For my thoughts are not your thoughts, neither are your ways my ways, declares the Lord. For as the Heavens are higher than the earth, so are My ways higher than your ways and my thoughts than your thoughts. (Isaiah 55:8-9)
So, what have I learned about how God works over nearly six decades of ministry?
In two sentences, it’s this:
When God gets ready to do something great and lasting, He loves to a) start small, b) with ordinary people, c) using any methods He pleases, and d) taking HIs own good time about it.
Only people of faith will work with Him on this and still be there at the end to see what God has done and to behold His glory.
Two sentences that encompass a thousand things God has done and is doing.
It’s important to note that these principles are illustrated all through scripture.
I wrote to the church, but Diotrephes, who loves to have the preeminence among them, does not receive us. Therefore, if I come, I will call to mind his deeds which he does, prating against us with malicious words. And not content with that, he himself does not receive the brethren, and forbids those who wish to do so, putting them out of the church. III John 9-10.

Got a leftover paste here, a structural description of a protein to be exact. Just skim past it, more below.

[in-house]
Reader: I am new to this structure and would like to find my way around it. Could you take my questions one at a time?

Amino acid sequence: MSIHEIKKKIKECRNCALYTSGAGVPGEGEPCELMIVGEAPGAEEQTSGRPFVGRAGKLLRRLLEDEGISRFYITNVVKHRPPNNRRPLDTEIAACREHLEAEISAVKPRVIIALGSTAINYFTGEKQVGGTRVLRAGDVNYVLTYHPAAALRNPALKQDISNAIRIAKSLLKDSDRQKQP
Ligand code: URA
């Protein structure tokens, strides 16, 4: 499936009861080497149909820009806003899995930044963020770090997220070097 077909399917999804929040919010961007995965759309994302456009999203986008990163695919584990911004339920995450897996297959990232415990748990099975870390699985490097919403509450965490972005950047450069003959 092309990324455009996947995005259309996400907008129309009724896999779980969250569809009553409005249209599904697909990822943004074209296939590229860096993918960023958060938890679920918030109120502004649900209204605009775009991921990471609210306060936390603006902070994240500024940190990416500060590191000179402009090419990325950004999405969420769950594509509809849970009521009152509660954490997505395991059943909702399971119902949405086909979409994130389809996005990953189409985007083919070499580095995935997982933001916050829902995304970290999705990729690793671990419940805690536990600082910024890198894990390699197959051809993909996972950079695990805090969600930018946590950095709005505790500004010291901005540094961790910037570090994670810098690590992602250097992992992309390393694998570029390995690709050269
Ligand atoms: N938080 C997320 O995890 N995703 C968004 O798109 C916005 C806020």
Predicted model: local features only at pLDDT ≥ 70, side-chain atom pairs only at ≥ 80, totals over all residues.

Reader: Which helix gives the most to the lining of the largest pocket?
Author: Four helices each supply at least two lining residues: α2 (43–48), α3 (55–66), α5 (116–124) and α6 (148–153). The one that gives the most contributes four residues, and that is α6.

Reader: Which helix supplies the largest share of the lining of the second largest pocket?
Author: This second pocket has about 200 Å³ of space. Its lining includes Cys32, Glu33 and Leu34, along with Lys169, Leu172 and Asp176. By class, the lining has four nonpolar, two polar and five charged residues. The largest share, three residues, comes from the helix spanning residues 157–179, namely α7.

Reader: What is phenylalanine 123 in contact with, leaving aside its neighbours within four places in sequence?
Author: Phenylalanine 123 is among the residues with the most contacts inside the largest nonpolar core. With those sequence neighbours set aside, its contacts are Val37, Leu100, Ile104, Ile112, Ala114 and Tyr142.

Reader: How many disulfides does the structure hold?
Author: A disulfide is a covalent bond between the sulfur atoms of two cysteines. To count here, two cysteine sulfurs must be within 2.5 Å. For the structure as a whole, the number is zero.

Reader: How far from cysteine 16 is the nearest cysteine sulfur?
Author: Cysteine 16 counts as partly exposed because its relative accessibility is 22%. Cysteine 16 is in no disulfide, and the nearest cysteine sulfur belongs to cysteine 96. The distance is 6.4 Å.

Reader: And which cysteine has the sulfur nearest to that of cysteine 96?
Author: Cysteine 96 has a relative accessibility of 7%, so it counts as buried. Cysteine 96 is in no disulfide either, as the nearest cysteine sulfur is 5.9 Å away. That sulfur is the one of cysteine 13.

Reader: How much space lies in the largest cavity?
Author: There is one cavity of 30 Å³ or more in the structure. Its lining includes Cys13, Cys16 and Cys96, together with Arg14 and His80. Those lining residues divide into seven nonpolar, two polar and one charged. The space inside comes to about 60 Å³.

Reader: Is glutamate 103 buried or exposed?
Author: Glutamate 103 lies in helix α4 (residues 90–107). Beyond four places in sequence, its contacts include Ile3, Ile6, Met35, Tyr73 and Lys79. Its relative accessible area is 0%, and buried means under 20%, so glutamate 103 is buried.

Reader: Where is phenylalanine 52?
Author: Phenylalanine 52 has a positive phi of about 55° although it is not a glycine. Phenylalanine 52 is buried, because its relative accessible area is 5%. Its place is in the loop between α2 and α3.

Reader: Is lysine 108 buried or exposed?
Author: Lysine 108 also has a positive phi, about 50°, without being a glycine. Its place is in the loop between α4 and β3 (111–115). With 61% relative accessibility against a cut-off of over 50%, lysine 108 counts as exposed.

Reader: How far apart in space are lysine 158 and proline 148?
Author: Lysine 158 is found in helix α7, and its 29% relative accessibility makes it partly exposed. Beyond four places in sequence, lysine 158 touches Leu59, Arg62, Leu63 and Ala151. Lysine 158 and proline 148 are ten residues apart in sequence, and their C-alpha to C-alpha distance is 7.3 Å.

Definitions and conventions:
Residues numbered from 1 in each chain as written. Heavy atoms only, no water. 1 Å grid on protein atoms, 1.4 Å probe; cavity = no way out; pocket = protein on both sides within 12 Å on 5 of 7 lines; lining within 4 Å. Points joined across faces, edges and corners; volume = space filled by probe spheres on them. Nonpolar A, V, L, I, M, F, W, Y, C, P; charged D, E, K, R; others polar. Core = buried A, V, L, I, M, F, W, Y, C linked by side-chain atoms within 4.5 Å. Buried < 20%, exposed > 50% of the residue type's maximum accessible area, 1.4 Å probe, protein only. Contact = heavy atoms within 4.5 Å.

In his book of 1,502 stories and illustrations (The Tale of the Tardy Oxcart), Chuck Swindoll has this:
A. T. Robertson, a fine, reliable Baptist scholar of years ago, taught for many years at the Southern Baptist Theological Seminary in Louisville. When he began to write on books of the Bible, he chose on one occasion the Book of 3 John, which talks about Diotrephes. Diotrephes was a man who became a self-appointed boss of a church. And over a period of time, he was the one that excommunicated certain people and he screened whatever was done in the church. As the self-appointed leader, he wouldn’t even let John come to speak as a representative of Christ. So, John wrote a letter and reproved him.
There was a man in the land of Uz whose name was Job, and that man was blameless and upright, one who feared God and shunned evil. –Job 1:1
Job, you have instructed many. You have strengthened weak hands; your words have upheld him who was stumbling; and you have strengthened the feeble knees. –Job 4:3-4
Authenticity: Job had it.
It’s my observation that in sports the best coaches and in church the most effective pastors are all authentic.
They are the real deal.
They don’t try to be someone else. While they have surely picked up traits and lessons and insights from others, they do not do their imitation of other people. They are themselves.
The word–I love finding the root meaning of words–comes from autos, meaning “self,” and hentes, Greek for worker, doer, author. So, we might say “authentic” means “coming from the author” or “genuine.”